In 2004 Cypress Semiconductor chief executive officer T.J. Rodgers waged a successful insurgent campaign — the first in 24 years — for election to the Dartmouth board against three candidates selected by the alumni council nominating committee. Rodgers leans libertarian and shuns characterization on the left-right divide; he says he was motivated to run by “the degradation of freedom of speech and the freedom of assembly . . . at [Dartmouth] today.”
Rodgers’s election to the Dartmouth board has been followed by the election of petition trustees Peter Robinson, Todd Zywicki, and Stephen Smith as well as the resounding rejection of the proposed new alumni constitution that would have changed election procedures. The powers-that-be at Dartmouth are not pleased with the outcome of these elections and apparently mean to do something about it the old-fashioned way.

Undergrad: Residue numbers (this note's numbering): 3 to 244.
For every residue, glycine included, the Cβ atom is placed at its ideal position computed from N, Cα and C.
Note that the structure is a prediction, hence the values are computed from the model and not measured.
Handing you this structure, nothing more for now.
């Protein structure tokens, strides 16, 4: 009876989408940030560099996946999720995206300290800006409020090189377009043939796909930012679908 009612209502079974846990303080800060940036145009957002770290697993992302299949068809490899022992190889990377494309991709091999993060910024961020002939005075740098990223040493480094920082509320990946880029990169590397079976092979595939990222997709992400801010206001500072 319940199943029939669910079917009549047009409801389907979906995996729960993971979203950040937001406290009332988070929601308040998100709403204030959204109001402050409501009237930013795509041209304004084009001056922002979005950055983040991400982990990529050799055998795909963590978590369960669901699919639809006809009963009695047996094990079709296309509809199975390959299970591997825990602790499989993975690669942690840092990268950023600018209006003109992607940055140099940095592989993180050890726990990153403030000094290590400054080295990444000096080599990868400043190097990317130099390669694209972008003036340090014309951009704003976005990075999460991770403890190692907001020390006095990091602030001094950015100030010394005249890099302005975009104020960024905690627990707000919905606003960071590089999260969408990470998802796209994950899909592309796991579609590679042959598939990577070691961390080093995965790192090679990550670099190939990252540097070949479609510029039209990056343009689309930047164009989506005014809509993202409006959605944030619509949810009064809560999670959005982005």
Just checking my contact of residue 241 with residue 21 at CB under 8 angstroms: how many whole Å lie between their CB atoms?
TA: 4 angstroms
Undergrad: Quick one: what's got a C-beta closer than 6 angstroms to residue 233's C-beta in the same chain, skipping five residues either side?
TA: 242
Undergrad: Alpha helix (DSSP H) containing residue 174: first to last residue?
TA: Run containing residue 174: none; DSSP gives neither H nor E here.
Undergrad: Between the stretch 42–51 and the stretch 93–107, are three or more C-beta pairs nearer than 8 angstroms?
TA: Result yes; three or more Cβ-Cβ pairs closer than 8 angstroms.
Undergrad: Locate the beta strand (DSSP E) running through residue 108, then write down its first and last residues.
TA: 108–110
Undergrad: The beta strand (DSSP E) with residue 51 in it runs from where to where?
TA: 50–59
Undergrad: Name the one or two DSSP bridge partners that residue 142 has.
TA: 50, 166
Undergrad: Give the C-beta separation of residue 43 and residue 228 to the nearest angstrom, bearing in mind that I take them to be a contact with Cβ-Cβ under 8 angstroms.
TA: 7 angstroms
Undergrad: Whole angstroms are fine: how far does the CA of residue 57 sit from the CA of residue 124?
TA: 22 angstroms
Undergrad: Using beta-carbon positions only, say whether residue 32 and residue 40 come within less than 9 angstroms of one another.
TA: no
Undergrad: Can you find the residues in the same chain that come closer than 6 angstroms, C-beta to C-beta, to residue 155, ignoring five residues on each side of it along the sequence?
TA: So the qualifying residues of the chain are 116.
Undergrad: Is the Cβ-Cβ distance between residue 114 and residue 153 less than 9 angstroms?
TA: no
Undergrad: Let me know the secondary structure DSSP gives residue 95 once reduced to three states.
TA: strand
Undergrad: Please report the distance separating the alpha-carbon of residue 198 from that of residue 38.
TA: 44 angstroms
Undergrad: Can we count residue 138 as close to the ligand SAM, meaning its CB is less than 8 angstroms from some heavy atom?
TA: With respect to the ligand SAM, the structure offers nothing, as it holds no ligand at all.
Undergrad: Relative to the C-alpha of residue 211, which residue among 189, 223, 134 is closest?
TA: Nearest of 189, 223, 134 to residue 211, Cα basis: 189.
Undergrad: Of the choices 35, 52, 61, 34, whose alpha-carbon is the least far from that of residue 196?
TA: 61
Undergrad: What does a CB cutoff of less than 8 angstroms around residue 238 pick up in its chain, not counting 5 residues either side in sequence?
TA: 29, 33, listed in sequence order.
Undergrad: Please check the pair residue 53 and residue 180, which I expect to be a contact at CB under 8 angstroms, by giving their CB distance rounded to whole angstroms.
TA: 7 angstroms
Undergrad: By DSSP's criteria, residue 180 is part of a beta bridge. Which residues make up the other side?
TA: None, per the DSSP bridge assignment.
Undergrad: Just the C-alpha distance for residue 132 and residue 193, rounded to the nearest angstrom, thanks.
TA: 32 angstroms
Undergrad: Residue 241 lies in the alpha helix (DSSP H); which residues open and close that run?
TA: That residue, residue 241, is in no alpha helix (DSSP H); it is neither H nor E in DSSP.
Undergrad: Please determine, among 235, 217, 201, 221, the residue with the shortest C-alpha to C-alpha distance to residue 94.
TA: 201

In today’s Wall Street Journal, Joseph Rago interviews Rodgers regarding his experience on the board. Rodgers anticipates an unhappy outcome to the governance committee review of election procedures that will be presented to the board next month:
[A]fter losing four consecutive democratic contests, the Dartmouth administration has evidently decided to do away with democracy altogether. “Now I’m working on the existence question,” Mr. Rodgers notes mordantly.
Though he cannot say for sure–“I’ll be kept in the dark until a couple of days before the meeting on what they’re planning on doing”–a five-member subcommittee, which conducts its business in secret and includes the chair and the president, has embarked on a “governance review” that will consolidate power. “It looks like they’re just going to abandon, or make ineffectual, the ability of alumni to elect half the trustees at Dartmouth,” Mr. Rodgers says.
Rago’s interview with Rodgers is “Mr. Rodgers goes to Dartmouth.” I took a look at unfolding events at Dartmouth at a more optimistic stage in the Standard column “Bucking the deans at Dartmouth.”
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